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I'm trying to reuse a primary key in one of my tables with SQLAlchemy and am getting foreign key constraint error.

In a nutshell:

  • PostgreSQL 8.4
  • Python 2.7
  • SQLAlchemy 0.7

I have 3 tables: User, Inventories and Devices. Inventories and Devices have a one-to-one relationship with User. User.id is Inventories.user_id and Devices.user_id foreign keyed.

I've got User, Devices and Inventories set up in models/ according to standard python practices.

Within interactive python I can issue the following commands no problem:

>>>newUser = User.create()
>>>newUser.device = User.create_device(<*args>)
>>>Session.add(newUser)
>>>Session.commit()

(an inventory record is automatically created in code)

Now, let's say I want to re-use User record 1 (it's the only record that will allow a method called reset in code for security and internal testing reasons)

>>>oldUser = User.retrieve(1)
>>>Session.delete(oldUser)
>>>Session.commit()

(confirm that user 1 no longer exists)

>>>newUser = User.create()
>>>newUser.device = User.create_device(<*args>)
>>>newUser.id = 1
>>>Session.add(newUser)
>>>Session.commit()

At this point I'll either get an eror that Key(id)=(<id>) is still referenced from table "devices" (or "inventories") where <id> is the newUser.id before re-assigning it to be id 1

I've looked into cascading and have tried the various options (all, save-update, etc) with no effect.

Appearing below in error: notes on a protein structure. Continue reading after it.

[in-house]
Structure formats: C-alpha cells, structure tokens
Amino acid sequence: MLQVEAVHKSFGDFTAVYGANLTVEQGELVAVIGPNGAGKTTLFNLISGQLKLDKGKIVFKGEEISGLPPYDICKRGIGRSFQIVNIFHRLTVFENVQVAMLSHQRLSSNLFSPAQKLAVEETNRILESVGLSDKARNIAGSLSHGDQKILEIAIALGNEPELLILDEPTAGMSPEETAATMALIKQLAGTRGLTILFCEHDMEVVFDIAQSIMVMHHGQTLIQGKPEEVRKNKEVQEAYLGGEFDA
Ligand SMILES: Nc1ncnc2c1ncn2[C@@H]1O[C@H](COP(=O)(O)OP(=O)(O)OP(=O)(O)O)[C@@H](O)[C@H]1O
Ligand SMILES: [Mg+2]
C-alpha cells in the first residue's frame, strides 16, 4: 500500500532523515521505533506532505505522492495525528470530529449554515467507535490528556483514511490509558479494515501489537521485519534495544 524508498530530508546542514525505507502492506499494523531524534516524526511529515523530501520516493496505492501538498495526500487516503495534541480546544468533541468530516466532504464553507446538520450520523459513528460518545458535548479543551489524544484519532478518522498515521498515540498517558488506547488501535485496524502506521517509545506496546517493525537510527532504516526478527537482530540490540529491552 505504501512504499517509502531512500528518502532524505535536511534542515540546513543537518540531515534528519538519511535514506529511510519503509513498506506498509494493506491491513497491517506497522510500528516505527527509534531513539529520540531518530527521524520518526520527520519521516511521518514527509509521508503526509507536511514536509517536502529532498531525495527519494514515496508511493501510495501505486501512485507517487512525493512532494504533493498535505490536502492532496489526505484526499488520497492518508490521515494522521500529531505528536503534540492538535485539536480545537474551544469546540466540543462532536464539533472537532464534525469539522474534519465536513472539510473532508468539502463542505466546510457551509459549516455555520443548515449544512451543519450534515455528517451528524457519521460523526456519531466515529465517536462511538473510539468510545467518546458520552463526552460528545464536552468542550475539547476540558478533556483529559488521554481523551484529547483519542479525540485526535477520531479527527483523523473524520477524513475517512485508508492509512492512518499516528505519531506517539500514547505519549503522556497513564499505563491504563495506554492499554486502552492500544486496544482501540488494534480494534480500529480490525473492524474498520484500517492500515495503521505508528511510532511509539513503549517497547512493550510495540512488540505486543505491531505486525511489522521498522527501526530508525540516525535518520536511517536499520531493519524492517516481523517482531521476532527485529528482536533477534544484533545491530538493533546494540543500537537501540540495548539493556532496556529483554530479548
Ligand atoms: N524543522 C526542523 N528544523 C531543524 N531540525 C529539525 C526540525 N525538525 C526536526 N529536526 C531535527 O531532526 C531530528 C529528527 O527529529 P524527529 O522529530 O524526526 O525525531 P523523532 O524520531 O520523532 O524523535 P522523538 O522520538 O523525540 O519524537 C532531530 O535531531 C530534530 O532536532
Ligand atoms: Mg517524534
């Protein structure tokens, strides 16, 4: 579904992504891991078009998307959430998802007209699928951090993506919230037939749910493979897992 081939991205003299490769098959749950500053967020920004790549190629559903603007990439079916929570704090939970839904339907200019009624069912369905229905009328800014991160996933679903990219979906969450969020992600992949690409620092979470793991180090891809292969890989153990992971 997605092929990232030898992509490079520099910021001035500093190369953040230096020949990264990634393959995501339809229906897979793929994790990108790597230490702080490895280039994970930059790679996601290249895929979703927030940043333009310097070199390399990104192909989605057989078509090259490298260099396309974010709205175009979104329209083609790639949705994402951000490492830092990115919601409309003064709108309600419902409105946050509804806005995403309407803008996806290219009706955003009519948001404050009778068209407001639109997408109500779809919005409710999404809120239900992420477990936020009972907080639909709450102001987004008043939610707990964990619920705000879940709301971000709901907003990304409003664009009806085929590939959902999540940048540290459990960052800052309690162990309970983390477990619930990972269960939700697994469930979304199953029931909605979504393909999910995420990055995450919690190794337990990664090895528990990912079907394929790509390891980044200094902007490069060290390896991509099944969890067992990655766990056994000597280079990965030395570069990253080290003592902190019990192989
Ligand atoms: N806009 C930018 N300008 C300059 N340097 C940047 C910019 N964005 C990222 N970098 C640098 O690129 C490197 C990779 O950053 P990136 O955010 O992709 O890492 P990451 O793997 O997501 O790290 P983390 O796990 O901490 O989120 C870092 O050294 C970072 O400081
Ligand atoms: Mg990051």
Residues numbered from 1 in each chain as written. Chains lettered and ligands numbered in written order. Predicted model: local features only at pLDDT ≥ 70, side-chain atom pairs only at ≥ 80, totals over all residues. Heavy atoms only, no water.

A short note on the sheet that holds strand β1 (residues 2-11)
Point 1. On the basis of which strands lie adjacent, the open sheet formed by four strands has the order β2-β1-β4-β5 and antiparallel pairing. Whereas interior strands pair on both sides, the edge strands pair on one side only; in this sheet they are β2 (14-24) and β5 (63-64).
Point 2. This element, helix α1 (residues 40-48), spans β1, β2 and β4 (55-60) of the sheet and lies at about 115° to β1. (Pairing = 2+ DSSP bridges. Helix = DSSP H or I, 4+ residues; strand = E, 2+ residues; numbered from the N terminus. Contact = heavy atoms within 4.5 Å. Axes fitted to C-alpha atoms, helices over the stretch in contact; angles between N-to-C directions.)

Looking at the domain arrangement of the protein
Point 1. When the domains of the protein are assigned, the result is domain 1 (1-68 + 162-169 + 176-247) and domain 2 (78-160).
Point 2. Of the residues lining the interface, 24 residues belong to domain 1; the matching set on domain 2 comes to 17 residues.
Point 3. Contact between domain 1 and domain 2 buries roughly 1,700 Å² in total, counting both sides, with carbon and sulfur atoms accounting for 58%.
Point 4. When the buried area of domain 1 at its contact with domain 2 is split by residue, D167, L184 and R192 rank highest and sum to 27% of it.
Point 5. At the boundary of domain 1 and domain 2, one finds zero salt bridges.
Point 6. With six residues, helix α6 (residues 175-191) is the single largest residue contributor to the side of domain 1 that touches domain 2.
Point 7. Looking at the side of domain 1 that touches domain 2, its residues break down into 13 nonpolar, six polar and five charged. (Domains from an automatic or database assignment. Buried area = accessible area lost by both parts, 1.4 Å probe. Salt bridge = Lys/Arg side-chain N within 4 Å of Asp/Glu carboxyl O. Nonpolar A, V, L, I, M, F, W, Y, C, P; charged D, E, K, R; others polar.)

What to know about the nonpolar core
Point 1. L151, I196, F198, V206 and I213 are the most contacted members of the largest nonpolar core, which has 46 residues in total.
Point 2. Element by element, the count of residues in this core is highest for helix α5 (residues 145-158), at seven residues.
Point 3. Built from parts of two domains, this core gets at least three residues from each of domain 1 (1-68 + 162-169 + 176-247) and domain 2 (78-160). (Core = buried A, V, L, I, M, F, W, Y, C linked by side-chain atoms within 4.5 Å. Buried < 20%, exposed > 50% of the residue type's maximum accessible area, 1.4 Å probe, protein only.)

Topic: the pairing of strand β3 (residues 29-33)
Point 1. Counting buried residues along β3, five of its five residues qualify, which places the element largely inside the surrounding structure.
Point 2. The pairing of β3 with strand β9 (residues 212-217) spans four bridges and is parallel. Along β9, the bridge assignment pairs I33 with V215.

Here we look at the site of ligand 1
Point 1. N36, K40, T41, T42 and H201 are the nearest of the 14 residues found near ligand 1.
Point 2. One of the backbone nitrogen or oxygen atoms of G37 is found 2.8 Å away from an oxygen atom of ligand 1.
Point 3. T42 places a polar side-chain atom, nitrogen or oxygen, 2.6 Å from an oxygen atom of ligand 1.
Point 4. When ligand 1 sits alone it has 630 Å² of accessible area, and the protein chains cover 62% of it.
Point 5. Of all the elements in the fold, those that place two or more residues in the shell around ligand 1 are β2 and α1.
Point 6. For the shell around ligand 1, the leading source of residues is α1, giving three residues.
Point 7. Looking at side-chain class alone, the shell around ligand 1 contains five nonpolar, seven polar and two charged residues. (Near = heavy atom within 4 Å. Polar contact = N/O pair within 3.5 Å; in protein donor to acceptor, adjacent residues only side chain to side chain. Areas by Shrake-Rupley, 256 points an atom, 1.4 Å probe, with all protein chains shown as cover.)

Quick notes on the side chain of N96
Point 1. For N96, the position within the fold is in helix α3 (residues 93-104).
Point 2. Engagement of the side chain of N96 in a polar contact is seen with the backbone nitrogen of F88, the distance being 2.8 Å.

Any information pointing to where I'm going wrong would greatly be appreciated,

Thanks,

Krys

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3 Answers 3

Since this is a problem that shouldn't be seen in production, just use SET CONSTRAINTS. You could use INITIALLY DEFERRED on your FOREIGN KEYs but I wouldn't recommend that since you're not dealing with a cyclic dependency that exists in production.

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To address the error you're seeing, you could update the foreign keys on all of the Device and Inventory models associated with that User model before committing. You'll have to make sure that your User model doesn't auto-increment the id (i.e., that it isn't a PostgreSQL sequence).

For example, the SQLAlchemy model declaration should be

class User(base):
    __tablename__ = 'user'
    id = Column('id', Integer, primary_key=True, unique=True, nullable=False)

instead of

class User(base):
    __tablename__ = 'user'
    id = Column('id', Integer, Sequence('user_id_seq'), primary_key=True)

BUT, this is probably not the right way to do it! It would be a better design to use a sequence on User.id (like in the second model declaration), and add another field on the user table that indicates if the user is an admin (for the security/testing purposes you mentioned). This way you don't have to rely on magic numbers in your application (e.g., the user id) for application logic, especially security.

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I ma not using SQLAlchemy, so i do not have a proper answer, but i can say that you must ask yourself what you want is really necessary?

Because,

  • You probably will break the data integrity, and that may couse serious problems.
  • You will need to break the auto-increment structure of the ID, so until then, you have to assign id's by hand or use a hand-written pre-save trigger to get a proper id.
  • If you have tables that have a User foreginkey that sets NOT null, thn you probably will have problem with freeing records related to a deleted user. If you do not null them, a re-used id will create a serious data-integrity problem (wrongly referanced relations)...

So first of all, you must decide if it worth it?

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